• In keeping with our modest standards, we also take great care in teaching a mix of family-friendly traditional and trendy movements (everything is “grandma-friendly”!)

Your child’s safe physical development in dance is a top priority in our classrooms, and it is a privilege for us to be a part of their personal growth in the classroom.  We appreciate your trust in us as we help your child progress in dance, step by step!

– Ms. Julie

Practicing at Home

Practicing at Home Blog Post

 

 

 

 

 

 

 

Many of our students absolutely LOVE practicing dance at home.  You’ll find them twirling in the living room and tapping in the kitchen—they just can’t contain themselves!  It’s not uncommon for a parent to tell us that their child feels compelled to create her own dances in the living room or teach their stuffed animals how to piqué and passé.

If your child is one these non-stop movers, you might have started wondering, “What can I do to encourage this practice in a safe way?  How can I foster this passion?”

We’ve got some great advice for you here with our Dos and Don’ts for practicing at home:

First and foremost, Do designate a specific spot in your house that is “dance practice” space!  This could be a room or hallway with very little furniture, or perhaps your garage—somewhere that is easy to move in.  Don’t allow tap shoes on your easily-scuffed floors, and never allow your child to practice in pointe shoes at home (even if she has earned her shoes).

Do challenge your child to practice what they remember from class, but don’t worry if they just want to improvise their own moves!  Resist the urge to “teach” the dance steps yourself; Do allow your child’s dance teacher to be the authority of those skills in the classroom.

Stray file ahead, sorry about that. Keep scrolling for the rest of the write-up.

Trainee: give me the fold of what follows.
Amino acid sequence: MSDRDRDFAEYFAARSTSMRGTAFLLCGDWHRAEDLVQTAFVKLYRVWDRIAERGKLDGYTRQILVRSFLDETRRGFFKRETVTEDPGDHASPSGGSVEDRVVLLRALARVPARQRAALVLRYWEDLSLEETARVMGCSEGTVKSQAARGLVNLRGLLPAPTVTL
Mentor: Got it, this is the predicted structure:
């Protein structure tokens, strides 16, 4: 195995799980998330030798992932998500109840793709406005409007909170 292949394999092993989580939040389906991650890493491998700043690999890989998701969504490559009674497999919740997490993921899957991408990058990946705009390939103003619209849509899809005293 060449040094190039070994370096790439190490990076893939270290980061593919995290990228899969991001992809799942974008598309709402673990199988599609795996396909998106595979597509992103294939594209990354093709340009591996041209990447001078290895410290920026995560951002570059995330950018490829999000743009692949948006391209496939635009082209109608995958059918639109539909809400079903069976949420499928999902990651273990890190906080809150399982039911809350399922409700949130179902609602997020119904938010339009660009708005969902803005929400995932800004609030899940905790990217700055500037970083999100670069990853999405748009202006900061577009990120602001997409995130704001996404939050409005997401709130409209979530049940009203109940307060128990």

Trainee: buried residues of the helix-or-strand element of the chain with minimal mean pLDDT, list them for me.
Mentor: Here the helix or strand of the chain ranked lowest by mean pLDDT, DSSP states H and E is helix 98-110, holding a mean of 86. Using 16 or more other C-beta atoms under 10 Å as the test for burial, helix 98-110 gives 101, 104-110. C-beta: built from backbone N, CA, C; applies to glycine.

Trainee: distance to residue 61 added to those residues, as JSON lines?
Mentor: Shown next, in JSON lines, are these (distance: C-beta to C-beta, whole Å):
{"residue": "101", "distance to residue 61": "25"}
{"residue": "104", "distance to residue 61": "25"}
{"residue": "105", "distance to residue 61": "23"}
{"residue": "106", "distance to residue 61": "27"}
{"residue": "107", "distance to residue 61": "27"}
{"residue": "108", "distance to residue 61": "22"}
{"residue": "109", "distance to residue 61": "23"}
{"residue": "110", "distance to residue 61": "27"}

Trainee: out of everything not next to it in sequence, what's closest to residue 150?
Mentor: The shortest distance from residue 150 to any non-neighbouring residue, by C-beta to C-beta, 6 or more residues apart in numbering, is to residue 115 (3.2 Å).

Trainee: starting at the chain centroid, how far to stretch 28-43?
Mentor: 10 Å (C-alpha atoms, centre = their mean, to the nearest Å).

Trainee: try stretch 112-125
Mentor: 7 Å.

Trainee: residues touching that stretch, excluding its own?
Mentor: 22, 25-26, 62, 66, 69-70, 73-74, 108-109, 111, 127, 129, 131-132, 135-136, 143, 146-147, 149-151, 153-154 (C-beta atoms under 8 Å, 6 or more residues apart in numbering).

Don’t expect perfection with at-home practice; it should feel relaxed and carefree as much as possible.  Do suggest that your child practice with music (any music!) since it will help them become even more familiar with finding the beat and keeping time with rhythms.

Also take care to supervise when your child practices; do watch what they’re doing at home to ensure they are safe—and don’t hesitate to join in the fun!

Practicing dance at home should always feel comfortable and supportive so that your child can unleash their creativity and joy for dancing.  Oh, and sneak a video to show us if you can!  We love seeing our students in their element at home!

– Ms. Julie

Why Performing is So Beneficial

Benefits of Performing

 

 

 

 

 

 

 

As you’ve probably noticed, the team at SDC has already begun talking about next year’s recital!  Costumes will be ordered soon and the event planning is well underway.  It’s this time of year, with the buzz of recital beginning, that parents sometimes ask us, “Why should my child participate?  What’s beneficial about it?”

The recital is an investment in your child’s dance education and it’s a pretty important commitment, so it’s easy to understand why you want to know all the details.  At its core, dance is a performing art, which is part of the reason why we want every child to experience the thrill of being onstage!

We believe there are a few core reasons at the heart of why performing is so valuable, even for our youngest dancers:

  • Progress

Throughout the dance season, your child is making awesome progress in class.  And when we say “awesome progress” we don’t necessarily mean the obvious, like learning fancy ballet steps (although that is pretty awesome too!).  What we mean is that your super-shy child bursts with confidence, or your child who said “I can’t” now says “I can,” or your teen who hid her smile now shines with every practice.  Seeing this kind of progress in class is great, but having it showcased on stage is priceless!  Performing allows your child to demonstrate their progress—both with the steps AND with their self-esteem.

  • Potential

The recital is an excellent time to see what’s possible if your child sticks with dance for the long-term.  From the audience, you’re able to see the potential dance holds as you watch the variety of styles and age groups.  Your child, too, will be inspired by seeing the different dance routines, and might think to themselves, “I bet I can do that too!”  Dance offers the promise of so much growth if a young child perseveres and works hard; the recital performance brings this potential into the spotlight!